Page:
BB: Oh, absolutely. Yeah, absolutely, you got the firemen. You definitely don't have that with the Giants. It's different, but those were great years in my career. I'll never forget those and we had a lot of success and I was fortunate to be with a lot of great people, players, coaches. The Mara family - Wellington of course, [who] owned the team. It was a tremendous experience for me. That time did as much for my career…Every year's important, but that string of years together - it was awesome. It was hard to leave. It was hard to leave.

Q: [On a running back's priority being blitz protection or yards]

BB: I don't know what is the priority. I would say everything's important and any of those things can be a problem. The running backs have a tough job, they really do. They have a tough job. They have to run the ball, find the holes, read the defense and sort all that out. And in the passing game they have blitz pickup responsibilities and have to run routes against different defensive coverages and man, zone, when to break it, when to throttle down, when to accelerate, when to pull up, when to keep going, having to clear the line of scrimmage to get into the route and all those things. They are involved in every single play. It's like being the middle linebacker; there're no plays off. They have to do a good job on all those and a mistake can be costly - missing a blitz pickup, ball handling, not running the right route, not catching the ball, any of those things can potentially be a bad play and it could also potentially be a big play. Those are critical jobs, it's all important. I can't say, 'It's OK if we do OK on this, but we can screw that up'. Everything's important.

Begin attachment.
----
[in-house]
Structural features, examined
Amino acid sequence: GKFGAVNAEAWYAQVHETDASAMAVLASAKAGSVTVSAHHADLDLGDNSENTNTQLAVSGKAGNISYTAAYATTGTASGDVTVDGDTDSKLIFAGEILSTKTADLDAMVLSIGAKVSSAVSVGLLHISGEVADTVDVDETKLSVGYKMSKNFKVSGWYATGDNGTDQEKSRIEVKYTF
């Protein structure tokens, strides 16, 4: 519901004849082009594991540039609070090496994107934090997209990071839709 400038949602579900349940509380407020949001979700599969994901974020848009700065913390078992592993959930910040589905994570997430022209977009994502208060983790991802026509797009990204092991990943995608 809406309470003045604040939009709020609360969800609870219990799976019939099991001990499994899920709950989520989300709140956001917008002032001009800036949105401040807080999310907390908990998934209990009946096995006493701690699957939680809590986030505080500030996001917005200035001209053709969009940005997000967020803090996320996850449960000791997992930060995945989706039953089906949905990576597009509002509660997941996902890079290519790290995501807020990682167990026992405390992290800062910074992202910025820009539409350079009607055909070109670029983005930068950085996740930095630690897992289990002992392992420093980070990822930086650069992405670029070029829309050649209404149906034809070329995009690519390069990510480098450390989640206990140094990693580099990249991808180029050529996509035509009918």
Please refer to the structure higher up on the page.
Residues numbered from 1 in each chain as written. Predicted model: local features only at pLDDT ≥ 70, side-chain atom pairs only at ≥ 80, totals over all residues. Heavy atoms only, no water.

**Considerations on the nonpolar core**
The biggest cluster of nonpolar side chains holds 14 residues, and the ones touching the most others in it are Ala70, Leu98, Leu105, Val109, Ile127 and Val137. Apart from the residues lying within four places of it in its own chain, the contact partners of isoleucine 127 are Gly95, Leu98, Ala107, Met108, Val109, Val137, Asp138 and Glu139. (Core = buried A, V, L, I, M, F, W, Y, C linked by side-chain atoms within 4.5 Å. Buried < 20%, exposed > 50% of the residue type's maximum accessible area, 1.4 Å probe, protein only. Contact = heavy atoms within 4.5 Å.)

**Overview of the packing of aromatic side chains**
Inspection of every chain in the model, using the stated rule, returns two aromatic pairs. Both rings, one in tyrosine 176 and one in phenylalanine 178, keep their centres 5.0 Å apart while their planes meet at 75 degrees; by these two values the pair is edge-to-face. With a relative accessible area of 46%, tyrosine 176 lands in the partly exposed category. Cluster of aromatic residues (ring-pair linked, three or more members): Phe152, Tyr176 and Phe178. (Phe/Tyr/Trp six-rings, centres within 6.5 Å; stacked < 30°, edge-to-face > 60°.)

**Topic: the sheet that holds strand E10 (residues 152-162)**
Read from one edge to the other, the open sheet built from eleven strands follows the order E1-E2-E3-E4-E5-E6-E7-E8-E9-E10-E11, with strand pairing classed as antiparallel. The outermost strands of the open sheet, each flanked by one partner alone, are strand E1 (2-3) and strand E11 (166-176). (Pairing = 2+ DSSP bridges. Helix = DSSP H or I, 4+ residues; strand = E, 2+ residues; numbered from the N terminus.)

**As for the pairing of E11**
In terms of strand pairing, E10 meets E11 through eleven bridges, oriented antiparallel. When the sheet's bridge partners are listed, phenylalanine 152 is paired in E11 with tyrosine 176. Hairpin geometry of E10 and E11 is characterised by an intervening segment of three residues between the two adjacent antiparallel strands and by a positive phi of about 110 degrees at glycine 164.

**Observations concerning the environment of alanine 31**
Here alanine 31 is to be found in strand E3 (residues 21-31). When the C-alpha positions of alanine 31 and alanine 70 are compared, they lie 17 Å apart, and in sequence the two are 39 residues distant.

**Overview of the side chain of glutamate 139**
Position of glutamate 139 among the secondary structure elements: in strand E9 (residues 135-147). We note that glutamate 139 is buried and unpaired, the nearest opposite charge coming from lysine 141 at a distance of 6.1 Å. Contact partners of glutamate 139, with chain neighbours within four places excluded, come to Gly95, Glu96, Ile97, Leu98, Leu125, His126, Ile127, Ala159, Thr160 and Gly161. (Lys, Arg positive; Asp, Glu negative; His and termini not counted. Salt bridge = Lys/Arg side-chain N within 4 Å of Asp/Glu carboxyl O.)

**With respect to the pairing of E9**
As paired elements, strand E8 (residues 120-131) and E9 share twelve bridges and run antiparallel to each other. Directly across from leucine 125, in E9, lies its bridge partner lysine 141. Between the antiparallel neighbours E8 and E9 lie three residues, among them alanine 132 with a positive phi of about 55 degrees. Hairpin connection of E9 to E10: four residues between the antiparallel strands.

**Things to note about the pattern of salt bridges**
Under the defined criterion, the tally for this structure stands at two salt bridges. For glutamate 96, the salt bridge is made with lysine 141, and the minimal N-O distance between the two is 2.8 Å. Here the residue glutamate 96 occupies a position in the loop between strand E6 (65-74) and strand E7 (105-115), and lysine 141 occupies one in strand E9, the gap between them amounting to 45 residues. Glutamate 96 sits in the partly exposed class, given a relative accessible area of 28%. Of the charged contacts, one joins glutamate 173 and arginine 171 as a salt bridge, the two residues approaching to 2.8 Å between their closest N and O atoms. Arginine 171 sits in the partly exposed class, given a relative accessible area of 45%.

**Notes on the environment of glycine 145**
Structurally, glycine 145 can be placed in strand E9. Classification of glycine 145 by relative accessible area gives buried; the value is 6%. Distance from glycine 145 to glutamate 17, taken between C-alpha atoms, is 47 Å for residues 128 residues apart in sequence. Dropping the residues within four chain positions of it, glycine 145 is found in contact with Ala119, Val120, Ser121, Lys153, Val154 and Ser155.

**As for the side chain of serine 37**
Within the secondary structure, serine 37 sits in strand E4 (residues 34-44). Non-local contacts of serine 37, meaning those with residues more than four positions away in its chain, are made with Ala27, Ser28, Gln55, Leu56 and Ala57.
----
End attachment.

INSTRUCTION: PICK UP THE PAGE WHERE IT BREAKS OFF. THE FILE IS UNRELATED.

Q: [On a running back's success being measured in rushing yards]

BB: Well, I don't think any player's success is measured by one statistic. It's a culmination of how him and his teammates perform collectively on a particular play or situation they're in or a number of situations. Sure, it is all that.

Q: You said the Jets' defense is a photocopy of Baltimore's, what was the root of Baltimore's defense and who influenced it?

BB: Yeah, I am not really sure about that. You probably have to talk to somebody who was there for more of that. Mike Nolan, Marvin [Lewis] - I don't know exactly how all that…I kind of think it started with Marvin, which was the Steelers stuff, but then it got morphed into what it is now. How exactly all that happened and who the influences were, I'm not exactly sure to be honest with you. We've only played them a couple times. We played them in 2007. We played them in 2004. We just really haven't had a lot of games with them, where as there're other teams like Indianapolis [and] Denver, teams like that [who] aren't in our division, Pittsburgh. It feels like we play them twice a year, but it just hasn't worked out that way with Baltimore. I don't have as good a background there as probably a lot of other people do.